Pitching a tent as newlyweds can probably be seen as the first test of marriage.
You’re fresh off hours in the car. There are flies. You are hot and hungry; itching to ditch all the unpacking and go for a swim and rip open the bag of peanut butter pretzels you allow yourself (because it’s vacation, darn it). But you can’t, because your swimsuit is packed at the bottom of the car, underneath mountains of stuff. Even if you could manage to sacrifice your arm to wriggle it out, where would you change? And what about the sweaty food that is sitting in the car waiting for a fresh bag of ice? No… it is best to unpack and set up camp. Now.
I still remember that first time we pitched a tent together, my parents watching knowingly and chuckling to themselves in the background. A new married couple in a dance of hesitant communication, laced with, “Oh I got it sweeties,” and, “Oh, okay, um you take that side babes,” working hard to avoid kicking the trip off with a fight in front of the entire campground. I myself wanting to prove that I was a good partner; cool as a cucumber and knew how to pitch a tent… no prob… as long as you zip it after you leave and take your shoes off before you go inside, dear.
Almost five years later, things have changed a little since we had kids.
Our two year old claws herself out of the car and hits the ground running. While I start grabbing things to unpack, my intent to help with the tent turns into empty gestures and my husband insisting that he’s got it and me yelling, “Are you sure?!” as he enlists another family member and I run off into the distance and work to keep Little Fish from drowning herself in the lake or sprinting downhill and cutting her head open on the rocks.
In the years where I am able to help with the actually pitching of said tent, I usually stop when it is time for the tent pegs, because I just can’t. I hate it.
Most tent pegs I have met are awkward and annoying.
They are skinny, with either no grip at all, or a sad excuse for an unforgiving plastic grip top that screams that they will gladly impale my toddler if she trips. They are pretty simple to trip over too, because many of them have small metal hooks that stick out of the earth and aren’t easy to spot.
Besides, we camp ON the lake bed:The dirt is dry, hard and covered with rocks and pebbles. Not for everyone, but we love it. And yet, I have seen many a tent peg bend or break clear in half upon staking the tent or when trying to remove the little suckers. Quite sad.
Now some of you may be thinking, why bother at all? Once you put all your stuff inside the tent, it will weigh it down and you are good. Nope. Not true. I have seen some pretty strong winds on vacay’s past flip tents FULL of belongings into the side of the nearest tree… even into the lake! Such fun!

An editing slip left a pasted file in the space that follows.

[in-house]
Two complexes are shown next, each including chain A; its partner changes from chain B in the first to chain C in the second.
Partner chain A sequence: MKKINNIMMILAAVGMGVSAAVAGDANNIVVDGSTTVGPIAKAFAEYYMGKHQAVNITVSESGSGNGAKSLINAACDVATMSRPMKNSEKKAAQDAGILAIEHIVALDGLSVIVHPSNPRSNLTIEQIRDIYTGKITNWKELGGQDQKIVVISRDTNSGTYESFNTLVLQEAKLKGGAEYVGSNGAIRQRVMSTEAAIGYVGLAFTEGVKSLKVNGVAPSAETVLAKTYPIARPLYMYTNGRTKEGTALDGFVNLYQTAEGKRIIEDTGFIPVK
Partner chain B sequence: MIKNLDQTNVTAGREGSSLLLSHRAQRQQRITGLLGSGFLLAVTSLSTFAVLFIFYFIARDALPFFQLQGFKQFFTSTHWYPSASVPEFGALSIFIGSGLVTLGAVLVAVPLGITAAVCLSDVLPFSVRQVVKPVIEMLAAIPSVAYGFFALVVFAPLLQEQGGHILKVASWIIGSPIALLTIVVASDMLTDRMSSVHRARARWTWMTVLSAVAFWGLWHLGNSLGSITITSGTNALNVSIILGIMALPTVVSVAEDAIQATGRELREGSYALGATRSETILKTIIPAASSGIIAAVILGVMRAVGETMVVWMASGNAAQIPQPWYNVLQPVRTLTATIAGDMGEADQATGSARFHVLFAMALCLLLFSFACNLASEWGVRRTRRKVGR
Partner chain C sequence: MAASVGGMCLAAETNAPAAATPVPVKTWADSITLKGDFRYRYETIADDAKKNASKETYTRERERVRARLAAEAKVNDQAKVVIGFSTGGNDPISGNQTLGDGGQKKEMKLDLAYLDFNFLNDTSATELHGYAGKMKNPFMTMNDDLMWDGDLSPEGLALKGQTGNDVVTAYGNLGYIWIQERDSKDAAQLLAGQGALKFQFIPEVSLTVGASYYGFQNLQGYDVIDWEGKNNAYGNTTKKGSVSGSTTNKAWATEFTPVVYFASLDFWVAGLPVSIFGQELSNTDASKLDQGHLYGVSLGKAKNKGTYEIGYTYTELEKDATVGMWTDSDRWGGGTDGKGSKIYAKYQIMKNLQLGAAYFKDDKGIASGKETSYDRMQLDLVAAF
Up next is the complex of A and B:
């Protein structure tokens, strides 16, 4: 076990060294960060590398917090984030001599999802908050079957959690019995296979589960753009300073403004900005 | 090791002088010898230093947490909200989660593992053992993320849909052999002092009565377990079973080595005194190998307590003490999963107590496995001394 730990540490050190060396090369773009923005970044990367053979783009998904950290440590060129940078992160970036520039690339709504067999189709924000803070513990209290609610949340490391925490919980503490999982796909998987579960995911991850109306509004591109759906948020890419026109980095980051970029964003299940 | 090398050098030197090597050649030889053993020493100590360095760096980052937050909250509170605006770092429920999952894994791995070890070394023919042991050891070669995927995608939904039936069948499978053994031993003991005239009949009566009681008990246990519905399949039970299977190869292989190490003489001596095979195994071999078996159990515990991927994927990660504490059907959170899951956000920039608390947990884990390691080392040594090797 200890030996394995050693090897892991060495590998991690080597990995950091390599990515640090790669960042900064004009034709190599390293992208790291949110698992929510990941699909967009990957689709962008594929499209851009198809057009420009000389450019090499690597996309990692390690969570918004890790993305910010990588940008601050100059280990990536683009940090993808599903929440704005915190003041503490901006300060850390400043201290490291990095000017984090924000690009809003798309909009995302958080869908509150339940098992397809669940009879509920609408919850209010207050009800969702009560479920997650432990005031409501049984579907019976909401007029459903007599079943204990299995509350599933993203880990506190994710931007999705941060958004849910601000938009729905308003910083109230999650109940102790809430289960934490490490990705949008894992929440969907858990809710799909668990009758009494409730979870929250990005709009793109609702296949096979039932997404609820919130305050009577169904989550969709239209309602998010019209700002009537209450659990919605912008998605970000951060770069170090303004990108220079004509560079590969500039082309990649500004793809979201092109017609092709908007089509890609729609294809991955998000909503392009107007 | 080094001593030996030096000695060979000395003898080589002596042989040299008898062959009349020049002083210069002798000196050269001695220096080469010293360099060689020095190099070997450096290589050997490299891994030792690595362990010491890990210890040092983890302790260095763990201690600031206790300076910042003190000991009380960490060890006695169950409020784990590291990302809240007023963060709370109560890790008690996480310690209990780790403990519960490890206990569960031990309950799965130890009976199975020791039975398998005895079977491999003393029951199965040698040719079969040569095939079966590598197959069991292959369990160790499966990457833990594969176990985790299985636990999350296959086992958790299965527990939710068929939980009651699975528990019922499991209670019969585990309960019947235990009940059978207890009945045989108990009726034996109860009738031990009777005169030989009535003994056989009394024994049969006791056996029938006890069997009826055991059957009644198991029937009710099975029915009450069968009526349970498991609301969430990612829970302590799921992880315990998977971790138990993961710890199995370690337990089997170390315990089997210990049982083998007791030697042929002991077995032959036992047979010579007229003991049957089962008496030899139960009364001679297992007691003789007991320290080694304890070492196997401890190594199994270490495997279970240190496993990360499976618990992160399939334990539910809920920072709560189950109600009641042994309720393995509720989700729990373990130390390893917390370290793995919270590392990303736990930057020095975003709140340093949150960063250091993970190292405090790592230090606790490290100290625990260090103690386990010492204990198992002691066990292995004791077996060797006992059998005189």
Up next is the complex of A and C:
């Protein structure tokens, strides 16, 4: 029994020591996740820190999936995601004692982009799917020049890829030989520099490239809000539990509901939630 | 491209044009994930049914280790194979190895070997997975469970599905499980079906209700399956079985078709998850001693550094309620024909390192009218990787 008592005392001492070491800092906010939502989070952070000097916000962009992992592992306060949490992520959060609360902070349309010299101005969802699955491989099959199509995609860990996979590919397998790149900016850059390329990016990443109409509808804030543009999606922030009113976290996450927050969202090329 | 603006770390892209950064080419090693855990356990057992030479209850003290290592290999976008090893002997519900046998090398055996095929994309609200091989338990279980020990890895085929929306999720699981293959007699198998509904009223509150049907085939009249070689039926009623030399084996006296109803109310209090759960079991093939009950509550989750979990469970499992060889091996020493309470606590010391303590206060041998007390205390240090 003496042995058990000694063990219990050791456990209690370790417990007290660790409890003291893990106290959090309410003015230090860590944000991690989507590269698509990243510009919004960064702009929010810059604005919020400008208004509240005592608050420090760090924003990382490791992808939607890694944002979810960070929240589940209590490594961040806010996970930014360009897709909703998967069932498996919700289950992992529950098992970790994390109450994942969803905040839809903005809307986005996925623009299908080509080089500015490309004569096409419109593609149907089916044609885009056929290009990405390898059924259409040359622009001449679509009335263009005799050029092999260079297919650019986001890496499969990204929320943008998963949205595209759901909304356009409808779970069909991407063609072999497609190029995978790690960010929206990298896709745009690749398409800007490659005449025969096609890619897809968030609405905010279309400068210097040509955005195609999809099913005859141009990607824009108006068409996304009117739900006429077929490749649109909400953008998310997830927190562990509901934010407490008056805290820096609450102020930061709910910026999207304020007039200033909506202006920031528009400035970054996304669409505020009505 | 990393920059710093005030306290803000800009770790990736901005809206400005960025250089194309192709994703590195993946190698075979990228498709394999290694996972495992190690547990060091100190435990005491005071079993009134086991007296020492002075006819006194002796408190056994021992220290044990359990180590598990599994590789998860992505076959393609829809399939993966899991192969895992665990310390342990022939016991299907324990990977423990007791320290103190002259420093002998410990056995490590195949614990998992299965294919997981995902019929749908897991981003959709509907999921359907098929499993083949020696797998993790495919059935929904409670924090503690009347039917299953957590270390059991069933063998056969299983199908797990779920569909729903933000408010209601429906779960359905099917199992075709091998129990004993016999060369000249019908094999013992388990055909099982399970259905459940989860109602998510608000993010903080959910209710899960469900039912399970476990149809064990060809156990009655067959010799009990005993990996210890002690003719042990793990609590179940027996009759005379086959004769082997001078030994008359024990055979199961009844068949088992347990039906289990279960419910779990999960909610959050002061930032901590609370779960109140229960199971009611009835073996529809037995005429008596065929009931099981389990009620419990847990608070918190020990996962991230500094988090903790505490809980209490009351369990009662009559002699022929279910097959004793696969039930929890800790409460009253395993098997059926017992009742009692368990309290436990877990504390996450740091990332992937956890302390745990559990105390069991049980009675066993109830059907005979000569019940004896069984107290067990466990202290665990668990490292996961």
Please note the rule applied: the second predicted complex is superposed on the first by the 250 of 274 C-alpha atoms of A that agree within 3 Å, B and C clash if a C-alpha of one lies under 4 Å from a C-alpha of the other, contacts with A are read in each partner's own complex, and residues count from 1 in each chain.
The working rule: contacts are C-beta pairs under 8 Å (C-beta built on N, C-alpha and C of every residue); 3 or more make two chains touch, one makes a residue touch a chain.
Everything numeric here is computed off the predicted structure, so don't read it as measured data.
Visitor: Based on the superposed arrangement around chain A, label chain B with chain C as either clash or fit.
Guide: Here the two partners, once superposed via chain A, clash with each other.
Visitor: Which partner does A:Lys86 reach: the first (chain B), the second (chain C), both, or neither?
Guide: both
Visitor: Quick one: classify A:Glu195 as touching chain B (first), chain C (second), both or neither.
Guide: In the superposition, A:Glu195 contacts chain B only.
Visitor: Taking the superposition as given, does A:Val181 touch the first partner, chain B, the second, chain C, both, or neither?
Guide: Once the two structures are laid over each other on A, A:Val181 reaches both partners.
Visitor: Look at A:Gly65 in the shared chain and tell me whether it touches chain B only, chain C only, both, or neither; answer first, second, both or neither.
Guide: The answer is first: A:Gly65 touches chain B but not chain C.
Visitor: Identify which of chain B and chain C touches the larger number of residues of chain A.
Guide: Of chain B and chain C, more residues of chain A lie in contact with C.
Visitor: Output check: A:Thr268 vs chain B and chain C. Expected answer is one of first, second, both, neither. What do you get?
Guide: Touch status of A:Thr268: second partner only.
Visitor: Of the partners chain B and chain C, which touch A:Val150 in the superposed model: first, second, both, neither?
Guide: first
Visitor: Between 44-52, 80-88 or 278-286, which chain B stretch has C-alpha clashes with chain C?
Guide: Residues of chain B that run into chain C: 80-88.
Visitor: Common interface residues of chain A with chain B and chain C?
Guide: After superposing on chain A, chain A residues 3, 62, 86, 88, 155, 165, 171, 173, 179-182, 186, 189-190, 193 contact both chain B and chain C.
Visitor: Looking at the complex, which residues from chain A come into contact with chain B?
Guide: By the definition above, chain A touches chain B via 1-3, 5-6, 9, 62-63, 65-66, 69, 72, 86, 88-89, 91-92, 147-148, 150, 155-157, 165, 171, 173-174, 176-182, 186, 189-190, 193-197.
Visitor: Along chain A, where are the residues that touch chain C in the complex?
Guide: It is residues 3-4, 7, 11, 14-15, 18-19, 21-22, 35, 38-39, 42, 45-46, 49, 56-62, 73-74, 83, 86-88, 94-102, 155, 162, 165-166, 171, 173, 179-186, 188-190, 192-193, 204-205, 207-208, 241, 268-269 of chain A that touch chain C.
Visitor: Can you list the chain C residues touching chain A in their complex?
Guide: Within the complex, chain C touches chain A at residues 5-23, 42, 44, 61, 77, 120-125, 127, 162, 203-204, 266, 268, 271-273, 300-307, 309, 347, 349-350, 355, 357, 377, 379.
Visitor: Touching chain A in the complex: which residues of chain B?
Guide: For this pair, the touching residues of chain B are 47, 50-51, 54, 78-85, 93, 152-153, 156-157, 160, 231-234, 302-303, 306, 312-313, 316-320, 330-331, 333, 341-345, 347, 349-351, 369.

No, I may have a love-hate relationship with tent pegs, but they do have their place. And not to disrespect the people who craft tent pegs, as I am sure there are environments that their pegs get the job done many times over. But, if you are looking for something different…
Here is what we do:
We use screwdrivers.
Strong steel that is easy to drive in with a mallet (like this one), and cushioned rubber handle grip that makes it SO much easier to pull from the earth. Oh, and yes, they can still be a tripping hazard, but they are not quite as stab-worthy as some of the stakes I have seen. Also to me, they are easier to see then a skinny hook of metal. Bonus.
I did not come up with this idea. I actually got it from my parents, and I am sure there are other seasoned campers out there who use this method. I also feel the need to tell you that we have not been endorsed in any way to advertise these screwdrivers as tent pegs. This is just how we use them, and it is a pretty cool camping hack if you ask me. Try it out for yourself and see what you think!
At first I was concerned because I thought it would be expensive to buy so many screwdrivers, but it turns out you can buy a pack of them for pretty cheap. It doesn’t matter if they are Phillips, Flathead, Standard, or whatever you call them (again, I’m not an expert, you guys.) We buy Stanley Screwdrivers, as seen here.
So whether you are a newlywed looking for your first camping trip to go smoothly, or a parent who just needs an easier and possibly safer way to stake their tent, this trick may just help you. I hope it does.
Thanks for reading! Follow me for more camping tricks and tips with toddlers in tow.
– Open Air Mom
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